Half Life - 37 - soggy Tuesday

Half Life – 37 – soggy Tuesday

July 9th, 2021

Frantic knocking, moments after The Boys had shouted their goodbyes as they walked out the door, was the signal that a sports kit was to be saved from being forgotten. The shudder of the front door’s second slamming that morning reverberated around the house. Minutes later The Wife sped off, excited to be heading into London to meet her team face to face, rather than screen to screen, for the first time in months.  JJ the dog, already comfortable in her favourite place in the hall, the day’s dribbling into The Wife’s slippers well under way, hardly looked up as I informed her it was the two of us alone together again for the day. Like those Halcyon days BC – before covid – the house had emptied in moments and the sudden silence echoed around the walls. 

The cracking of the boiling kettle, accompanied by the whizzing coffee bean grinder, broke the soundless void. Rich, black, coffee, freshly ground from beans every morning, then gently pressed in a one-person cafetiere, is a daily treat. Like the choice of wine in the evenings, nothing is kept back for a later date or considered too good for a damp Tuesday morning. Small everyday luxuries have provided some compensation for everyday pains. Discovering my favourite coffee bean shop, tucked into a corner of Oxford’s Covered Market, delivers to the door meant not even lockdown, or chemo-generated incarcerations, have reduced me to drinking the sorry pre-ground offerings from our local Coop or Sainsbury’s. Inhaling the coffee’s richness, it drowned out the smell of JJ’s always needs to be washed dog bed which provides a constant background perfume to the kitchen. 

The noiselessness of the house shifted from calming to oppressive, emphasising the hours stretching ahead. The opportunity to do all the things I used to do when left alone, before being prevented by those irritating people working from home or trying to concentrate on home-schooling, was too good to miss. Ignoring the nagging voices pointing me to the desk and the need to concentrate on editing another chapter of my novel, I set off on the first mission.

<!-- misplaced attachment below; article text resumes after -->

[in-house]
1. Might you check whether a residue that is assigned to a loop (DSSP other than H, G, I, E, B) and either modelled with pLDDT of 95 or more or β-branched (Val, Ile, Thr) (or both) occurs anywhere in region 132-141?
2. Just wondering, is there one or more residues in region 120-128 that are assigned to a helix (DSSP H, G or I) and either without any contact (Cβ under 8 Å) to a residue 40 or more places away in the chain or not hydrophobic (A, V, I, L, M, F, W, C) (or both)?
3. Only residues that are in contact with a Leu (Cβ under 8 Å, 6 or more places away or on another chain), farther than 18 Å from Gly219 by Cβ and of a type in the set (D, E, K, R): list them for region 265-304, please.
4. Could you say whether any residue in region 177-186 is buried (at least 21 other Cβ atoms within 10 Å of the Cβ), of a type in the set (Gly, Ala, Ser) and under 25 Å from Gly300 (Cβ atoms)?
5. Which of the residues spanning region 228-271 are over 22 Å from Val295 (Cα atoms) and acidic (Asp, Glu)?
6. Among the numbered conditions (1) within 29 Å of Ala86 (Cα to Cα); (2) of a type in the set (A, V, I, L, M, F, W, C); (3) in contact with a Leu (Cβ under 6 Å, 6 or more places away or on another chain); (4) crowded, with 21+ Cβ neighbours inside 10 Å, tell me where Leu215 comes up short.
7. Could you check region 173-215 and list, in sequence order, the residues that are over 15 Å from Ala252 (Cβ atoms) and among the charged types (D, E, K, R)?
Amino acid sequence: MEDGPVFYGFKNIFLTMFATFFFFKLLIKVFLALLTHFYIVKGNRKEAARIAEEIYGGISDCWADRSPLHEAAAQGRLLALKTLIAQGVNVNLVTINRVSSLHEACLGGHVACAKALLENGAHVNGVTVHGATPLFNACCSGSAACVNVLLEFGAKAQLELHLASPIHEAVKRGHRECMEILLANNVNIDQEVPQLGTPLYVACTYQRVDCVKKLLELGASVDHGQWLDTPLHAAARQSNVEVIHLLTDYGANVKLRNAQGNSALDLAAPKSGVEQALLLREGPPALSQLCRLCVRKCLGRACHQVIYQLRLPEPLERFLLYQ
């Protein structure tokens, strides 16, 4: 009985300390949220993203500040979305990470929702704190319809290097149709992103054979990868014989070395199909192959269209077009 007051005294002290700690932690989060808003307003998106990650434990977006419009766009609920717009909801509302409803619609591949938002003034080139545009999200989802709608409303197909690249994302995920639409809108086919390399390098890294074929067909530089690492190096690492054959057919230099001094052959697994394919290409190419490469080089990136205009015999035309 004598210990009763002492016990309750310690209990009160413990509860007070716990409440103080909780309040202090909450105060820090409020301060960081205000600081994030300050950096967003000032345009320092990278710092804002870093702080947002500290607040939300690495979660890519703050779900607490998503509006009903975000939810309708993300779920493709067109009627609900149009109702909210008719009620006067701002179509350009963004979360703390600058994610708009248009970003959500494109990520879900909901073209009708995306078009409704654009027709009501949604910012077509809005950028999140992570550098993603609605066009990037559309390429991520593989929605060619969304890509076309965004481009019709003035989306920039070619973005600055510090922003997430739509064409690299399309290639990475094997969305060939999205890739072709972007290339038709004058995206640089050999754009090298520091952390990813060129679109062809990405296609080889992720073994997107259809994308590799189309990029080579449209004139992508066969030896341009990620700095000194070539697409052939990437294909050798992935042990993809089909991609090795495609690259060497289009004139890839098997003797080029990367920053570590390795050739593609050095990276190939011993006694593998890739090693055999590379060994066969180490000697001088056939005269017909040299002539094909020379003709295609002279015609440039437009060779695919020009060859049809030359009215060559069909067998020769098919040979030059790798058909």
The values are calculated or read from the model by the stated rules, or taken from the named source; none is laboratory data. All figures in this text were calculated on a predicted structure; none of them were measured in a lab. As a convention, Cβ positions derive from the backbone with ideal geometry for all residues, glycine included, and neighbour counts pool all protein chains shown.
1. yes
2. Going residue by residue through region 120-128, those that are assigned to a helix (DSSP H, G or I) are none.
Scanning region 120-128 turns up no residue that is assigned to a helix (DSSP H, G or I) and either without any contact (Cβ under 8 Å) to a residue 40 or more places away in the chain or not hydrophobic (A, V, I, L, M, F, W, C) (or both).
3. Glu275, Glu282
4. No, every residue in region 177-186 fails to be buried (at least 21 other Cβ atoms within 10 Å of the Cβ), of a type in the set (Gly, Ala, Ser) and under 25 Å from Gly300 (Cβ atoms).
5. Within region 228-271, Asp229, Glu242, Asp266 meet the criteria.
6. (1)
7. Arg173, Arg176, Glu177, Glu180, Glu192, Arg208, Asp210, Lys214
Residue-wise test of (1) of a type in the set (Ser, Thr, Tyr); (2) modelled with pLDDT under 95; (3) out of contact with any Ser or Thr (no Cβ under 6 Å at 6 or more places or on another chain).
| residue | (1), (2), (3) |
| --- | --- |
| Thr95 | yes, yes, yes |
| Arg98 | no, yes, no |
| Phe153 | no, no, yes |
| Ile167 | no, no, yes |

Provided they are all DAB radios, having one on in each room tuned to the same channel allows slow movement around the house without missing a beat as they play in sync. If there’s a test match in play, it’s the only way to ensure you don’t miss the five minutes in the day when something happens. Music can fill an empty house, and the station of choice this soggy Tuesday was Jack FM. It pulled me immediately into one of the pitfalls of having multiple radios playing at once; you get no choice other than to listen. In a row, they played three songs which draw the tears out of me. Lennon’s Imagine, reminding me every time of a friend who killed himself in our teens; Keene with Somewhere Only We Know, a version of which Older Boy sang at school for me; and Chasing Cars by Snow Patrol, the song The Wife and I sing to each other and played at our wedding. By the time the adverts took over, trying to sell me premixed concrete, my eyes were flowing so much even JJ pulled herself away from her guard post to see what was wrong. She licked the salty water off my hands, nuzzled me and, clearly considering her canine duties completed, headed back to her spot in the hall to continue with her slipper soaking.

Lunch, to distract me from the music as much as continue the self-indulgent home alone day, was a double portion of instant miso ramen pimped up with added sweetcorn, dried chilli flakes, and extra soy. Mid noodle-slurp, the half-full bottle of white wine, parked in the fridge door the previous evening, reminded me of its existence. The restraint of the night before enabling a perfect accompaniment to the Japanese noodles, and some cooling redress to the slight excess of chilli. Not needing it, but feeling it was a necessity, my hunt for a pudding was thwarted by a lack of appropriate sweet treats in the cupboard. Tunnock’s Caramel Wafers, the best biscuits in the world, were the winner out of the limited options available. Having two felt in keeping with the spirit of the day and helped with the mid-afternoon nap. 

The day alone ended the way it started, with noise exploding through the front door as The Boys crashed into the house after school. Manic barking, impossible levels of tail wagging, and frantic running up and down the hall welcomed them, as JJ showed just how much we had failed to train her. Flowing from room to room they turn off all my radios, leaving shoes, filthy sports kit, school bags, and jackets scattered in their wake, while ignoring all questions relating to homework. As if coordinated to see just how crazy JJ could get, The Wife pulled in. Batting away the bouncing blob of blond dog, scrambling paws, and frantic tongue, she pulled her spare slippers out of their hiding place before taking the damp pair to join the sports kit in the washing machine. Shouted discussions about dinner and if we really had to have cabbage, what happened at school, the PlayStation, the trip into London, and what JJ and I got up to filled every space and every room. The Boys and The Wife couldn’t see it, but my tail was wagging too.